September 25th, 2011 by depesz | Tags: , , , , , , | No comments »
Did it help? If yes - maybe you can help me?

On 22nd of September, Tom Lane committed patch:

Make EXPLAIN ANALYZE report the numbers of rows rejected by filter steps.
This provides information about the numbers of tuples that were visited
but not returned by table scans, as well as the numbers of join tuples
that were considered and discarded within a join plan node.
There is still some discussion going on about the best way to report counts
for outer-join situations, but I think most of what's in the patch would
not change if we revise that, so I'm going to go ahead and commit it as-is.
Documentation changes to follow (they weren't in the submitted patch
Marko Tiikkaja, reviewed by Marc Cousin, somewhat revised by Tom

How does it work?

Let's see. On 9.0, when I run a simple query, I get explain which looks like this:

$ explain analyze select * from pg_class where relname ~ 'a';
                                               QUERY PLAN
 Seq Scan on pg_class  (cost=0.00..10.16 rows=202 width=190) (actual time=0.013..0.169 rows=197 loops=1)
   Filter: (relname ~ 'a'::text)
 Total runtime: 0.200 ms
(3 rows)

Which is fine – it shows how many rows have been returned. But it doesn't show how many rows were actually scanned. Which is important, as returning 197 rows by seq scan from table of 200 rows is ok, but from table that has 1000000 rows – not so ok.

In 9.2 it looks like this:

$ explain analyze select * from pg_class where relname ~ 'a';
                                               QUERY PLAN
 Seq Scan on pg_class  (cost=0.00..11.60 rows=215 width=194) (actual time=0.027..0.388 rows=236 loops=1)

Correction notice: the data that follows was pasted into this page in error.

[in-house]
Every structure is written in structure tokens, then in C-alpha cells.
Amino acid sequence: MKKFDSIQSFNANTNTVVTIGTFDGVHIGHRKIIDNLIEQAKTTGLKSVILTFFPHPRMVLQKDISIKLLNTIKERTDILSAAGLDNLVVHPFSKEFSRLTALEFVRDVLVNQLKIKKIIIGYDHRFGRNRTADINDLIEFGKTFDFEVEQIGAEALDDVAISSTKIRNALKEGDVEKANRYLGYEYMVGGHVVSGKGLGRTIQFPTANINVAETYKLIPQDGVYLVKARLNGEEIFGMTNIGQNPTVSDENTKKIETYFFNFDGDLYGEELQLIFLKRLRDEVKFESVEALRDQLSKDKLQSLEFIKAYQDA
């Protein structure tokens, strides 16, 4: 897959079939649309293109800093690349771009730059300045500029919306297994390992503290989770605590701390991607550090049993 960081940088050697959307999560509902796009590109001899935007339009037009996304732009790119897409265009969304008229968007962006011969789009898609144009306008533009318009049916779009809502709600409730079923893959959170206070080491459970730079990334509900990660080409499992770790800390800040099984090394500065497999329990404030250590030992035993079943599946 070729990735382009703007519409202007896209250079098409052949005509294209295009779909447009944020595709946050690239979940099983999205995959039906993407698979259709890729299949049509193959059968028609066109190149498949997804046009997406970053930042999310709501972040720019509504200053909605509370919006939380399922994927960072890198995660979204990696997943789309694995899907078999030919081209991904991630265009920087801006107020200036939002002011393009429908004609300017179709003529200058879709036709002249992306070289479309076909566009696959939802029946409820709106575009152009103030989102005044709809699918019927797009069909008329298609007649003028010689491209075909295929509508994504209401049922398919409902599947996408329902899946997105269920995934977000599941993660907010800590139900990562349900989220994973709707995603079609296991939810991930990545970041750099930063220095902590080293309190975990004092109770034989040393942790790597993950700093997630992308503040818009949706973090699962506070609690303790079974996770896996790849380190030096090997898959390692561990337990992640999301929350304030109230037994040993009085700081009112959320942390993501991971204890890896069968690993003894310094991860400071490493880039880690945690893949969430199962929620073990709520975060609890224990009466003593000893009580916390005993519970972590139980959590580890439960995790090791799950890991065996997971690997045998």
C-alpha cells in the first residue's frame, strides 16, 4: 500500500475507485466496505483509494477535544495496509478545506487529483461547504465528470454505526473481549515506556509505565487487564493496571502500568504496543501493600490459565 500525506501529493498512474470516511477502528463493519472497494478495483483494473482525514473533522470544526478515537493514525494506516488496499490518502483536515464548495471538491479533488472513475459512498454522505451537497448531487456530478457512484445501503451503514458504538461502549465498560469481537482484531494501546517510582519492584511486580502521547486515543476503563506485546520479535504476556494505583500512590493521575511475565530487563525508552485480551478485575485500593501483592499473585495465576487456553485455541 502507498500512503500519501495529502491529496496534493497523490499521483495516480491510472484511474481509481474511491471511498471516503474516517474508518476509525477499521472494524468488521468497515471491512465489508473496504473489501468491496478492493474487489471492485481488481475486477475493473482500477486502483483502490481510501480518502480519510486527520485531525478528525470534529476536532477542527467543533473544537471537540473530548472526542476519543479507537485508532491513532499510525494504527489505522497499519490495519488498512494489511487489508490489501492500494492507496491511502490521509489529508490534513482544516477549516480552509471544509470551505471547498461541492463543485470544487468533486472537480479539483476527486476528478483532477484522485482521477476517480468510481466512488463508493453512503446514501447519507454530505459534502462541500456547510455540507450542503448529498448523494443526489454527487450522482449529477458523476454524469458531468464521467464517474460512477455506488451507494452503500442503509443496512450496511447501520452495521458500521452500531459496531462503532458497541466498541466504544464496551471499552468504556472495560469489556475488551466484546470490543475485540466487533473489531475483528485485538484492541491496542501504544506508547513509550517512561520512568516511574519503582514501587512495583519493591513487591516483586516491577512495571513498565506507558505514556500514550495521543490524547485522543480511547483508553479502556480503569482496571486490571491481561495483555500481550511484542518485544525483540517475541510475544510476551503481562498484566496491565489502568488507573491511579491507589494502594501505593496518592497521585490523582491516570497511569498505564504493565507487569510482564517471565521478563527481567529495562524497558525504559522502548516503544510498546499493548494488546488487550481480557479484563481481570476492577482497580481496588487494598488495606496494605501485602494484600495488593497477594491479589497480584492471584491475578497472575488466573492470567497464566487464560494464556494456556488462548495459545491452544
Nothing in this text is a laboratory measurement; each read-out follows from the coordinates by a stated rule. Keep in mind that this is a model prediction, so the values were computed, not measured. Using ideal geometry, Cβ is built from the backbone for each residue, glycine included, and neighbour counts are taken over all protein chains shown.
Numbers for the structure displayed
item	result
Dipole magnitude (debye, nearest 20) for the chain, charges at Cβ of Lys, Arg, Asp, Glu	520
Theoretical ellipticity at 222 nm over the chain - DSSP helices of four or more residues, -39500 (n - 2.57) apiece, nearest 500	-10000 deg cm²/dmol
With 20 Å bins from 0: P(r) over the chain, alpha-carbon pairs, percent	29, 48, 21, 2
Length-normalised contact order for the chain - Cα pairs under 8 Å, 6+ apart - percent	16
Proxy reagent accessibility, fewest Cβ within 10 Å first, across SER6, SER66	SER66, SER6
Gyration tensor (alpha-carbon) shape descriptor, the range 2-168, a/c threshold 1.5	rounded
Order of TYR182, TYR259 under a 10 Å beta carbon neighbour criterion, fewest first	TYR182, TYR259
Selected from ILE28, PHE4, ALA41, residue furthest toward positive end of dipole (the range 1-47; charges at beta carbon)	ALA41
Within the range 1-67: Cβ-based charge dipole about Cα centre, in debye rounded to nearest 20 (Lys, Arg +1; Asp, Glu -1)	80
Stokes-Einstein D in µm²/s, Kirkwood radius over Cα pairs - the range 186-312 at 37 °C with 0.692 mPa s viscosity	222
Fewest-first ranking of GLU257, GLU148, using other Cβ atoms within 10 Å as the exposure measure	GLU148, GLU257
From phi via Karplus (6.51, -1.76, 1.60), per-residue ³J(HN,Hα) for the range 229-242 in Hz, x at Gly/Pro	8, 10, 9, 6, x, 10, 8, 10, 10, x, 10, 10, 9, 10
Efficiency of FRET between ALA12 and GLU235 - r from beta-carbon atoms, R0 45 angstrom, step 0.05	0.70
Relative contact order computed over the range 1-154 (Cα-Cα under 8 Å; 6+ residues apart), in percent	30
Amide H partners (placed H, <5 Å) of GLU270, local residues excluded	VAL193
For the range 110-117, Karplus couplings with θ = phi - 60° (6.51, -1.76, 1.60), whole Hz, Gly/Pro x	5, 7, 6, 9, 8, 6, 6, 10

Filter: (relname ~ 'a'::text)
   Rows Removed by Filter: 72
 Total runtime: 0.486 ms
(4 rows)

Which means that Seq Scan worked on 236 + 72 rows, and 72 were removed.

Of course in case of whole table scans, it's nearly irrelevant, since we can always check how large the table is. The thing is – this works also in a bit more complex situations:

$ explain analyze select * from test where i < 100 and i::text ~ '9';
                                                QUERY PLAN
 Index Scan using q on test  (cost=0.00..10.54 rows=91 width=4) (actual time=0.057..0.147 rows=19 loops=1)
   Index Cond: (i < 100)
   Filter: ((i)::text ~ '9'::text)
   Rows Removed by Filter: 80
 Total runtime: 0.171 ms
(5 rows)

The one thing I didn't understand was – what will be shown in case of multiple runs of given node. So:

$ explain analyze select * from generate_series(1,4) as q, test where i < 100 and i::text ~ q::text and q< 3;
                                                        QUERY PLAN
 Nested Loop  (cost=0.00..1829.17 rows=152 width=8) (actual time=0.031..0.441 rows=38 loops=1)
   Join Filter: ((test.i)::text ~ (q.q)::text)
   Rows Removed by Join Filter: 160
   ->  Index Scan using q on test  (cost=0.00..9.85 rows=91 width=4) (actual time=0.009..0.053 rows=99 loops=1)
         Index Cond: (i < 100)
   ->  Function Scan on generate_series q  (cost=0.00..12.50 rows=333 width=4) (actual time=0.000..0.001 rows=2 loops=99)
         Filter: (q < 3)
         Rows Removed by Filter: 2
 Total runtime: 0.478 ms
(9 rows)

As we see the generate_series was ran 99 times, and each time the filter removed 2 rows, so in total we had 198 rows removed from generate_series' outputs.

Sweet. Will definitely help diagnosing some explains.

Also – there was (short, but still) discussion whether the change will break – Well, clearly it doesn't :).

Leave a comment